Panthers vs. Colts: In-Depth Preview

Tyler Horner@BR_TylerHornerCorrespondent IINovember 24, 2011

DETROIT - NOVEMBER 20:  Steve Smith #89 of the Carolina Panthers runs for a first down during the game against the Detroit Lions at Ford Field on November 20, 2011 in Detroit, Michigan. The Lions defeated the Panthers 49-35.  (Photo by Leon Halip/Getty Images)
Leon Halip/Getty Images

The Colts and Panthers may have the two worst records in the NFL right now, but their seasons tell two entirely different stories. 

The Colts' season has been shrouded by the cloud of Peyton Manning's injury and the prospects of selecting Stanford quarterback Andrew Luck in the upcoming NFL Draft. 

The Panthers may have higher spirits and more fan support than any 2-8 team I've witnessed in recent memory. It goes to prove what the value of having a franchise quarterback like Cam Newton has in today's NFL. 


Carolina's Offense vs. Indianapolis' Defense

The Panthers offense undoubtedly has huge amounts of potential. With Cam Newton at quarterback and a few solid supporting weapons, this offense can attack you anywhere, which will make it unstoppable at times. 

The Colts don't have a corner that can shut down Steve Smith and while I've always been a fan of Antoine Bethea, I see Smith having a big game in the Panthers' vertically attacking scheme.

Starting cornerback Jacob Lacey isn't nearly athletic enough to take on the tough task of covering Steve Smith. And opposite Lacey, Jerraud Powers has been getting burned all season, with little safety help outside of Bethea. 

The Panthers' tight ends and running backs will also create problems for the Colts in coverage, particularly if Jeremy Shockey is playing at full strength.

Linebackers Kavell Conner and Phillip Wheeler are liabilities in coverage and strong safety David Caldwell would be overmatched against either Shockey or Greg Olsen. 

INDIANAPOLIS, IN - OCTOBER 09:  Jackie Battle#26 of the Kansas City Chiefs runs with the ball while defended by Pat Angerer #51 of the Indianapolis Colts during the NFL game at Lucas Oil Stadium on October 9, 2011 in Indianapolis, Indiana.  (Photo by Andy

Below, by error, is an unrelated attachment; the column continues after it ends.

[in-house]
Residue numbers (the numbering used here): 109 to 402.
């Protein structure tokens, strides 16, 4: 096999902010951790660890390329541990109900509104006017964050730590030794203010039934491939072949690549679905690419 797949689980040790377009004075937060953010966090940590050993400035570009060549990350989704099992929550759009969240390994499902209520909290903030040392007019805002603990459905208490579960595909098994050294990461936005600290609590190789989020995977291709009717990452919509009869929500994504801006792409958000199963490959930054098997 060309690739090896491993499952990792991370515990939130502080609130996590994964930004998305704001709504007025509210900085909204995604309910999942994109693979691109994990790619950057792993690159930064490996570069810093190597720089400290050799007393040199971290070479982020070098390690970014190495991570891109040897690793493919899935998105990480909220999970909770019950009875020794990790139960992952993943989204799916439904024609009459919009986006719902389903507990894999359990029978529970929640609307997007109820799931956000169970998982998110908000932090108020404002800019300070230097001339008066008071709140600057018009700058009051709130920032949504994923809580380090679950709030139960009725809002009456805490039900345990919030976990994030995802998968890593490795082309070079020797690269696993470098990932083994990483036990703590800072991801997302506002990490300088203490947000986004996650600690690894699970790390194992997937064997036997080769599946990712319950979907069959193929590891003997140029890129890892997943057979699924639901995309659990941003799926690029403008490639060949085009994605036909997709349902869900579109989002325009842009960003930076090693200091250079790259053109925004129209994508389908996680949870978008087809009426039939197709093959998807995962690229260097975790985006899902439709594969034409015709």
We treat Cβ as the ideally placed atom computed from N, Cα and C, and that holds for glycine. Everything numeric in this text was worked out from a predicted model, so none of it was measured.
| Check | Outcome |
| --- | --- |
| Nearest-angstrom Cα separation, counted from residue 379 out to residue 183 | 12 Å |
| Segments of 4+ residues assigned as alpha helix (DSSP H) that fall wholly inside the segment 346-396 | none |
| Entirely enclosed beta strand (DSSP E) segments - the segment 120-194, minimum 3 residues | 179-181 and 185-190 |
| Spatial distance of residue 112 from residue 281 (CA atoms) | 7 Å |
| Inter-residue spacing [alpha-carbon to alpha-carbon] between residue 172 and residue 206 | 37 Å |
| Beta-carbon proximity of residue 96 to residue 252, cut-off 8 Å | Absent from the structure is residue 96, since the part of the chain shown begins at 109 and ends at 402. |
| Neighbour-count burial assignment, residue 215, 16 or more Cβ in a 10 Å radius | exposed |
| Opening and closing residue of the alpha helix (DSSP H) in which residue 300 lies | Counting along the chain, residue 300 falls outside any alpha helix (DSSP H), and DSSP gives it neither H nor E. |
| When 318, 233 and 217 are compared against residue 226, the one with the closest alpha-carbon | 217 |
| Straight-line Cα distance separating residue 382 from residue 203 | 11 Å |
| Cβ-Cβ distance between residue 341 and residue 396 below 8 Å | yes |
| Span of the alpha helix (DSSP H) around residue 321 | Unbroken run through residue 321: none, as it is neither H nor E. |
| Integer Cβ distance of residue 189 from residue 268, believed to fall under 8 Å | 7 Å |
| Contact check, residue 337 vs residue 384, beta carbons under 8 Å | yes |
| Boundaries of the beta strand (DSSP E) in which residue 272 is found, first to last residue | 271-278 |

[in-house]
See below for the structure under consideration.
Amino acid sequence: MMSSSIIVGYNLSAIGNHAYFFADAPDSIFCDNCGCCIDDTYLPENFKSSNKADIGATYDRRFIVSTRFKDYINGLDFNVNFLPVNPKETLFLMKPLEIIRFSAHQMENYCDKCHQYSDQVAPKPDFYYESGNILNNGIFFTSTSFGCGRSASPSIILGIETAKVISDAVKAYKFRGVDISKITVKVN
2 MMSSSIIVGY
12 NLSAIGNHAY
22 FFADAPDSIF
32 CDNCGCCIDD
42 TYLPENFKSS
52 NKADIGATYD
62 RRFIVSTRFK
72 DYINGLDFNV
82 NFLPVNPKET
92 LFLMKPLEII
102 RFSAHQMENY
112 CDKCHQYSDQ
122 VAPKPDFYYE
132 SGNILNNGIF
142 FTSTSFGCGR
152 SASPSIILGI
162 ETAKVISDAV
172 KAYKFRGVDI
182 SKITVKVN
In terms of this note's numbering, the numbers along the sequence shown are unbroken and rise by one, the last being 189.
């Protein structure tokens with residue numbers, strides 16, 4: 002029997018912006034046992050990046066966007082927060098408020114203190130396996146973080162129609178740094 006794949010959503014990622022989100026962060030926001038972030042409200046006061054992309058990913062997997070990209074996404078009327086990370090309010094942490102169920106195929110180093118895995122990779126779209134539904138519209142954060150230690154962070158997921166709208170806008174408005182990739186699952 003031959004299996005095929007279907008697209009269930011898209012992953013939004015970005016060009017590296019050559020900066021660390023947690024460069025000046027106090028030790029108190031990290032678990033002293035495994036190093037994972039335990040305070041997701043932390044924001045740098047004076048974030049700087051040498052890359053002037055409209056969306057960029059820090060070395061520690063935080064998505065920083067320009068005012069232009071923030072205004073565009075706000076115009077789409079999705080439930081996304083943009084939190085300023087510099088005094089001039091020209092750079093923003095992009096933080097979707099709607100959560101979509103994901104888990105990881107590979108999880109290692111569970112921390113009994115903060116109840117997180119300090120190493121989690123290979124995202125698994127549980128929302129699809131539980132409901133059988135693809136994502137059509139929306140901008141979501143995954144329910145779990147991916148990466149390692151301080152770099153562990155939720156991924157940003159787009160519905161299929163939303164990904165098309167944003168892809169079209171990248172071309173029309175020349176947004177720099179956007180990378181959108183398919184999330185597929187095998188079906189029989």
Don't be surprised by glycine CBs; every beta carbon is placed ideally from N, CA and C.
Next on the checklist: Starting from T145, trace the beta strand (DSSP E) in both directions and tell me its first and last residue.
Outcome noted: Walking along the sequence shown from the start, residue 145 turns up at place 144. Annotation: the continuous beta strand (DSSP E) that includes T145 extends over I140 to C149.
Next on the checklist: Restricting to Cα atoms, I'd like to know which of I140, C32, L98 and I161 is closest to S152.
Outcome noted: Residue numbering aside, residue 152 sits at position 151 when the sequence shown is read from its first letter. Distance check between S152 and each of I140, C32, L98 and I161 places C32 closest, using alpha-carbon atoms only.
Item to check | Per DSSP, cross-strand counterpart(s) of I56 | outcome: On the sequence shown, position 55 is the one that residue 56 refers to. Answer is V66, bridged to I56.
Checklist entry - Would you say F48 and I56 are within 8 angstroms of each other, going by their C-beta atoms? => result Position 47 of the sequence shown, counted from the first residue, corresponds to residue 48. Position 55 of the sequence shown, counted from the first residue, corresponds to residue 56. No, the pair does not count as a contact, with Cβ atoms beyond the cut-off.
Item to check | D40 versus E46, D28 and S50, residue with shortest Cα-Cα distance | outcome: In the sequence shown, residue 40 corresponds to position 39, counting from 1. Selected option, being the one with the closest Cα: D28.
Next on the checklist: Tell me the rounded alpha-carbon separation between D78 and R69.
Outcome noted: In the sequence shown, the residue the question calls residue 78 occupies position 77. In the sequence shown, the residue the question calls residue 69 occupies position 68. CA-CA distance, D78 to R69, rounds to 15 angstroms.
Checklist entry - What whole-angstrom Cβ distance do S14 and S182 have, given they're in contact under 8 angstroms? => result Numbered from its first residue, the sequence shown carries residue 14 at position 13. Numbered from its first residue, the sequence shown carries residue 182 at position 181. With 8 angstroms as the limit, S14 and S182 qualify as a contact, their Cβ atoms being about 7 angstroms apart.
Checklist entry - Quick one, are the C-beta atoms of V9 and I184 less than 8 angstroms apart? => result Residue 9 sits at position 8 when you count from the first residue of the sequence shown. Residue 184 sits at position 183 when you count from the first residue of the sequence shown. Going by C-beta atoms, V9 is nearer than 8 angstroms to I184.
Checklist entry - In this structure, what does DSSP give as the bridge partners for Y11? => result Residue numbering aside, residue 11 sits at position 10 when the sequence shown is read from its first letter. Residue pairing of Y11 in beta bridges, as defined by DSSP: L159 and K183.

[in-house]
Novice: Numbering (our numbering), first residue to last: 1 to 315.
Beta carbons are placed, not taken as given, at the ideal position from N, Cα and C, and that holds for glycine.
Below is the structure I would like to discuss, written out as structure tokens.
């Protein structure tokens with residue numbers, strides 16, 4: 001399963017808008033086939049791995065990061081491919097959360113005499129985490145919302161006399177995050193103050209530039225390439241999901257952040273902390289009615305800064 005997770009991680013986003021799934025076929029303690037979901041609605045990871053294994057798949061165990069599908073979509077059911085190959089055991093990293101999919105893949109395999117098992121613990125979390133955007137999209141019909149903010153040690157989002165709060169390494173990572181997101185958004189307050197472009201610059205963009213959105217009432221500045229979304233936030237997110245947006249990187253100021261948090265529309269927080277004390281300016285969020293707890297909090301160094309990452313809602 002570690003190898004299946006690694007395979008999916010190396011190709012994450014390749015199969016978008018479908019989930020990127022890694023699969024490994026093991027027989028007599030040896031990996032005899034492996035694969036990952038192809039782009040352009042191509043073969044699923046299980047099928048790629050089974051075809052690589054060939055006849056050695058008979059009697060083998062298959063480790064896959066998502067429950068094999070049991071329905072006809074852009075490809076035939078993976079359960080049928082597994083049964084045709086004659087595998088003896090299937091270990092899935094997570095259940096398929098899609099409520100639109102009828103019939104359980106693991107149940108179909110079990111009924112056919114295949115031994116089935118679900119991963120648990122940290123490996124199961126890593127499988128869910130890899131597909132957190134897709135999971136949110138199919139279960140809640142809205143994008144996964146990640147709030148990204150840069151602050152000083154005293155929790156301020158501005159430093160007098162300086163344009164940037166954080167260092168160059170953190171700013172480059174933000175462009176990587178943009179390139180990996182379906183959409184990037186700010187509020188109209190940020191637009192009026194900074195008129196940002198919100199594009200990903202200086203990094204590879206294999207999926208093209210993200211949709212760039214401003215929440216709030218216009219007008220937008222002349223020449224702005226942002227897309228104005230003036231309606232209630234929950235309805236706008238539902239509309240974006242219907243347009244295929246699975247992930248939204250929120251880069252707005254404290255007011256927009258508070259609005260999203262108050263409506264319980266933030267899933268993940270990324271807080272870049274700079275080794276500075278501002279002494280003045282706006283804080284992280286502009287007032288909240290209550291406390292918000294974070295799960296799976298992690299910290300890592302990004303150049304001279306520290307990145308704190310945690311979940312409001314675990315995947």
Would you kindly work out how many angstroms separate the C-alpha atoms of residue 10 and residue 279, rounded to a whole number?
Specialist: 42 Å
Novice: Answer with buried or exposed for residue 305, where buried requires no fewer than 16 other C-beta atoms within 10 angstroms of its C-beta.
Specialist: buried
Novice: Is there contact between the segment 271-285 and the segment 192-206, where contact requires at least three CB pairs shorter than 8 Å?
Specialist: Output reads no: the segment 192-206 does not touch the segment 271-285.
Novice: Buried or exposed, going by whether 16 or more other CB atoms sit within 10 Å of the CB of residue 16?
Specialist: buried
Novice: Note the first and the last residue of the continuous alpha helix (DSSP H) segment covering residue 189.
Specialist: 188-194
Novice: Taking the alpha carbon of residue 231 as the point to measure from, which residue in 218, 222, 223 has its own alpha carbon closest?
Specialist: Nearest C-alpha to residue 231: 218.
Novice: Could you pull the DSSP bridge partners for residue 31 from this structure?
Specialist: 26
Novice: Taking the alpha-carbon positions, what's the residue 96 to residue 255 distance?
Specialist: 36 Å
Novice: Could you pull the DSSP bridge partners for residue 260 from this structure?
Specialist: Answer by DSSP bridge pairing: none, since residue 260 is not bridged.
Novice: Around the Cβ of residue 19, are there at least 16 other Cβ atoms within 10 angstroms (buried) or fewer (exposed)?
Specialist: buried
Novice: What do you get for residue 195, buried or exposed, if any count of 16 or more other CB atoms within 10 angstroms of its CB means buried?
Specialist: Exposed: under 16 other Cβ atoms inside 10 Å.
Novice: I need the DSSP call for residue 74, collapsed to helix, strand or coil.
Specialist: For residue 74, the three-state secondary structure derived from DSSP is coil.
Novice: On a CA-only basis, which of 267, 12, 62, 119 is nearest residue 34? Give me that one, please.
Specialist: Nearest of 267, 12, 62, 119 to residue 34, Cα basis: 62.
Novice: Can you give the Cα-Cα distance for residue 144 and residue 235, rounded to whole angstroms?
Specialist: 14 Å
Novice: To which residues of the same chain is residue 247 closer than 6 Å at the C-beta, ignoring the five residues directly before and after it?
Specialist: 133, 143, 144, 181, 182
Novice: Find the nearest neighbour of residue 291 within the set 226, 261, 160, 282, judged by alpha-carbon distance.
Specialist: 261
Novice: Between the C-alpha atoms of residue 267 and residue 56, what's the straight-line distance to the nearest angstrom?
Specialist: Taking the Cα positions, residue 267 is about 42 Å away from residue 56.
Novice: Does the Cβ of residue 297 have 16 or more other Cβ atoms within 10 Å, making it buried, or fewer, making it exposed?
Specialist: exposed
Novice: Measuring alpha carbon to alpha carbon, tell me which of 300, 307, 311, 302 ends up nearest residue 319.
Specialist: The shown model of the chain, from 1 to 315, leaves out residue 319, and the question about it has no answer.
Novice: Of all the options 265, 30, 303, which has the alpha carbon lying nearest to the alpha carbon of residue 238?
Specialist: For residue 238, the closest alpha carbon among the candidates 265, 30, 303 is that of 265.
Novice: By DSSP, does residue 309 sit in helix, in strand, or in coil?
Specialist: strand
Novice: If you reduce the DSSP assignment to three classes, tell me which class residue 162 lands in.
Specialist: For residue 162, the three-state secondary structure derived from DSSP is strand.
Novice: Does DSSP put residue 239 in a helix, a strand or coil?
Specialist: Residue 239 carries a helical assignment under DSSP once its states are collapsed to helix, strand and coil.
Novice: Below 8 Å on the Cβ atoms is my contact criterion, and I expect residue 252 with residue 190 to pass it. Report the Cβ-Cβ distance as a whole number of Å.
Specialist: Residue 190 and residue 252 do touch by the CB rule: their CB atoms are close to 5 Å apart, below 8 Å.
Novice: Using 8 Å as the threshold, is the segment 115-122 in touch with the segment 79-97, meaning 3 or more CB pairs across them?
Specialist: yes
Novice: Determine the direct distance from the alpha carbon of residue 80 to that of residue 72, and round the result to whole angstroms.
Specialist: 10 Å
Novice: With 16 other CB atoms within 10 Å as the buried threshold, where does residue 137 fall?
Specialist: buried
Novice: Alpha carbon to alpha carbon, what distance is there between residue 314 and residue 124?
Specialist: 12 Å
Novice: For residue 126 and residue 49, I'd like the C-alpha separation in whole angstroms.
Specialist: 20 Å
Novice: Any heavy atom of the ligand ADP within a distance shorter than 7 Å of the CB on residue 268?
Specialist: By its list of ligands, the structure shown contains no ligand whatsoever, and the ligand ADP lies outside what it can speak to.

Andy Lyons/Getty Images

The Colts will be vulnerable to the pass all day and lack a playmaker in the secondary that will take advantage of Cam Newton's youth and vulnerability to making a blatantly ill-conceived pass. 

The Colts' defensive ends, Robert Mathis and Dwight Freeney, present the only formidable threat to disrupting this offense. Cam Newton takes a very deep drop and is often late to step up in the pocket. 

The weak link for Carolina is Byron Bell, who is filling in at right tackle. Robert Mathis will be able to abuse Bell if the Panthers don't give him help. If either edge rusher can capitalize and force a fumble on a blindside hit, it will be huge for the defense. 

The Colts run defense is weak, but underrated. Pat Angerer is a heady linebacker who plays with great instincts and leads the league in tackles right now. Defensive tackles Fili Moala and Antonio Johnson aren't easy to push around either. 

The Panthers haven't been very effective with their interior rushing attack, so expect them to try to get the Colts' defensive ends upfield and find the gap off tackle to try and break off the occasional big run. 


Indianapolis' Offense vs. Carolina's Defense

The Colts will need to commit to the run game against Carolina, especially if Joseph Addai plays. The Panthers lack any depth whatsoever in their front seven, due to a slew of injuries that truly can't be explained. 

James Anderson is a ball hawk, but outside of the talented linebacker, there is no healthy talent at the position.

Greg Hardy and Charles Johnson do a solid job of controlling the edge, but they can't play perfectly on every play and with no real help behind them, the Panthers are consistently gashed for long runs. 

Rookies Terrell McClain and Sione Fua man the heart of the defensive line, but their lack of experience has become a pitfall of the defense. They need to learn the mental side of the NFL game and play far more consistently. 

Charles Godfrey has been the glue that keeps the defense from completely dismantling. He is a high-energy player who gives his all on every down. He flies into the backfield with reckless abandon and blows up more plays than the backup linebackers that have been serving the Panthers since pro bowler Jon Beason and fellow linebacker Thomas Davis were knocked out for the season. 

In the pass game, the Colts will find it much harder to attack the Panthers defense. Chris Gamble has played like an elite corner this season and will likely keep Reggie Wayne in check considering the Colts' quarterback situation. 

Indianapolis will have to do most of its damage on screens and matchups with the Panthers' lesser cornerbacks. Pierre Garcon has played well and can beat Captain Munnerlyn and Darius Butler on any given play. If Painter is able to connect, the Colts may be able to get their offense rolling a bit. 


Projected Score: Panthers - 30, Colts - 14

Confidence Against the Spread (CAR -3.5): 60% for Panthers to Cover


The Panthers have too much offensive firepower for the Colts to contain and while the Panthers are banged up on defense, the Colts don't have enough of a running attack to take advantage. They also lack a field general that can keep the Panthers from loading up the box in obvious running situations.